Stability and Consistency are Key to Toddler Happyness

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Ok I know it’s said very often but children really do need consistency. Over the last few months Seda has been shuffled around for childcare from one situation to the next; Inlaws, mama stays home, etc. Also over the last few months she has had some real behavioral issues. Our beautiful well behaved daughter had turned into an unhappy, tantrum two year old.n She wouldn’t eat dinner well, wouldn’t listen to us, fought bed time and pretty much stopped using the potty. We had kind of chalked it up to age but that wasn’t it. Over the last week she has turned back into the happy, loving, and well behaved kid that she is. She’s eating better, uses the potty and even though we put her in pullups during the day she asks to wear underwear in the evening and over night. She hasn’t had a night time accident in a few days and generally is really happy. I’m not sure if this is due to the fact that she has consistent care or the fact that Will and I are considerably less stressed now that she has consistent care. Either way now that our family life is less stressful and more stable she is again back to normal and much happier.

This brings up a thought … What if some of the “behavioral problems” that people see in their children are really do not to the personality of the child but that child’s reaction to their situation. I think all too often parents look to an external cause for their children misbehaving and or being unmanageable or uncontrollable, including stating that it’s the child fault. Parents should also evaluate the internal workings of the family and see what’s going on there. It’s too easy to forget that our children are affected by the same things we are. If you didn’t know where you were going to go to work every day or who was going to be your boss you would be highly stressed and that would have an effect on your mood and behavior. In essence swapping care givers often has the same effect on a two year old. Wanting/Needing the attention of your spouse or partner and not getting it makes you sad and resentful. The same is true of the parenting relationship. If you child wants/needs your attention and you are unavailable either physically (working too much) or emotionally (too stressed out) that will cause them stress and in turn cause “behavioral issues”.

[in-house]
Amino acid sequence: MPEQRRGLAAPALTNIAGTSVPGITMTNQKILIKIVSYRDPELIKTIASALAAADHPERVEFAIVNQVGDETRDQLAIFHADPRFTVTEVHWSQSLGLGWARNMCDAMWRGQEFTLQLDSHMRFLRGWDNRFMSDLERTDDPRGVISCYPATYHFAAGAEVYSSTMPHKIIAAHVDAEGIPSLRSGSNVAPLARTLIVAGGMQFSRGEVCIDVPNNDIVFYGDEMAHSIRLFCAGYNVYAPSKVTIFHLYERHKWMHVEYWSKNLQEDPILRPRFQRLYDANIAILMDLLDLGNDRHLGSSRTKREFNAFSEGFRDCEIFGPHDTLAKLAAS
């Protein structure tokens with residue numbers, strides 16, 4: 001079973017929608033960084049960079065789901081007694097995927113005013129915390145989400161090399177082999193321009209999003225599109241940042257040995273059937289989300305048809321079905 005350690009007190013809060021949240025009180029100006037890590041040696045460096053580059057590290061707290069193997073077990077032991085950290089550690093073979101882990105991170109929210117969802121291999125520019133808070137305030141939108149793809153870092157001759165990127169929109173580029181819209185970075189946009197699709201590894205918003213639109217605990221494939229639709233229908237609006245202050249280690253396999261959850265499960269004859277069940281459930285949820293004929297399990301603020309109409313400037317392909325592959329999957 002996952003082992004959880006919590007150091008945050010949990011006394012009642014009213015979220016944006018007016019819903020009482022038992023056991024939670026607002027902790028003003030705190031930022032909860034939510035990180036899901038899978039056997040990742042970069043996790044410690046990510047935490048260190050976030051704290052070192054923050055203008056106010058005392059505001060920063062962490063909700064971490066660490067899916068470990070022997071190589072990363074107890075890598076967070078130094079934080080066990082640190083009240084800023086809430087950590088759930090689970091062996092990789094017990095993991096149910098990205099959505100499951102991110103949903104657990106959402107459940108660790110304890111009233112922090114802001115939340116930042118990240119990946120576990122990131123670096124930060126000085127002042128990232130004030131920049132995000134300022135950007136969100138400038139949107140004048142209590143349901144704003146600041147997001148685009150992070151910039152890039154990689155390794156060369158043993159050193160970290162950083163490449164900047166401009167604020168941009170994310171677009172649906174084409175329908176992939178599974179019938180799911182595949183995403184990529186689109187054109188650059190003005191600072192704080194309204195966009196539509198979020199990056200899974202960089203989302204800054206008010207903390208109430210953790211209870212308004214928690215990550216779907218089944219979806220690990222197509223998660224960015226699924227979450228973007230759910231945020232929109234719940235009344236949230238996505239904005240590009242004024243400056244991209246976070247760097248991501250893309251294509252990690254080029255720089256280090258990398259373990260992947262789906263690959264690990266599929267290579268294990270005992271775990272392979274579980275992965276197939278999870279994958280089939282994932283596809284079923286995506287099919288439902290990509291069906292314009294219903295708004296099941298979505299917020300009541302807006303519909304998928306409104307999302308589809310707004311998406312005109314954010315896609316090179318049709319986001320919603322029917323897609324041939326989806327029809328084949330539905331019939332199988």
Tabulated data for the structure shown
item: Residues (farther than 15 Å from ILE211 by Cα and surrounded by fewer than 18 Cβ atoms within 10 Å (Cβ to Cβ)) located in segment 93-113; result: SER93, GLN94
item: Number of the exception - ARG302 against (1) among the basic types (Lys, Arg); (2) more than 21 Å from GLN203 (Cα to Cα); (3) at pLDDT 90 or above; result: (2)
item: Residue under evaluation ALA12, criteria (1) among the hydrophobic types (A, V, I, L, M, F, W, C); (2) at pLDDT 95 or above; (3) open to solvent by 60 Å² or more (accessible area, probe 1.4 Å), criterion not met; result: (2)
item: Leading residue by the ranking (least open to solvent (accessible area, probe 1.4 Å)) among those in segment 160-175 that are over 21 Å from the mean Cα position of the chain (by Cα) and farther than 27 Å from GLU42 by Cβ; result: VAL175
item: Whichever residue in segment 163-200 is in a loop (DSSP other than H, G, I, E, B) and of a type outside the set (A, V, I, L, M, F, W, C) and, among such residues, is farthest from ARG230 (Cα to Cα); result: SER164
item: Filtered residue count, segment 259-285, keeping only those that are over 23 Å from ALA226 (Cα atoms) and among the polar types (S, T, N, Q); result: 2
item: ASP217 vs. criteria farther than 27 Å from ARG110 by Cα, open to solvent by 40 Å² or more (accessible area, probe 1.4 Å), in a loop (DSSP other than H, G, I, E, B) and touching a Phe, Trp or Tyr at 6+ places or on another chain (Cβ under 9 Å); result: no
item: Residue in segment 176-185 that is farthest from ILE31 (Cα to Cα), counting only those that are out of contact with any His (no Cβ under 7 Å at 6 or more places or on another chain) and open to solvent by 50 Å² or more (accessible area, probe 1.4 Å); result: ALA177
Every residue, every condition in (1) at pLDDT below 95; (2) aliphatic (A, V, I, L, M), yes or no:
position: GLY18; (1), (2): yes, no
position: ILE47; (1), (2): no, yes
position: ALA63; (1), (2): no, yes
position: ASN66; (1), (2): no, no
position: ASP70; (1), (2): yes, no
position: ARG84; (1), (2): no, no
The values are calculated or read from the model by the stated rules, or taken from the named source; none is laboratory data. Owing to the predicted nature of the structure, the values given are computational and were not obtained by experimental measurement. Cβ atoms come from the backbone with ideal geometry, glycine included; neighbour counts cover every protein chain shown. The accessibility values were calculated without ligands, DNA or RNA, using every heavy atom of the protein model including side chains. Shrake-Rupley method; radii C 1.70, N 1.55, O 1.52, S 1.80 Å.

Jennifer

Jennifer Pohlhaus is a busy working mother of two who, along with her husband, has chosen to unschool her children. She currently blogs about her experience with the challenges and fun of unschooling along with her love of crafting and cooking at HarmonicMama.com.

2 thoughts on “Stability and Consistency are Key to Toddler Happyness

  • October 24 at 2:53 am
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    That all makes sense.

    Chance is difficult. I know…sometimes I feel like throwing a tantrum or two myself! 🙂

    ~Dan C.

    Reply
  • October 24 at 2:54 am
    Permalink

    That all makes sense.

    Change is difficult. I know…sometimes I feel like throwing a tantrum or two myself! 🙂

    ~Dan C.

    Reply

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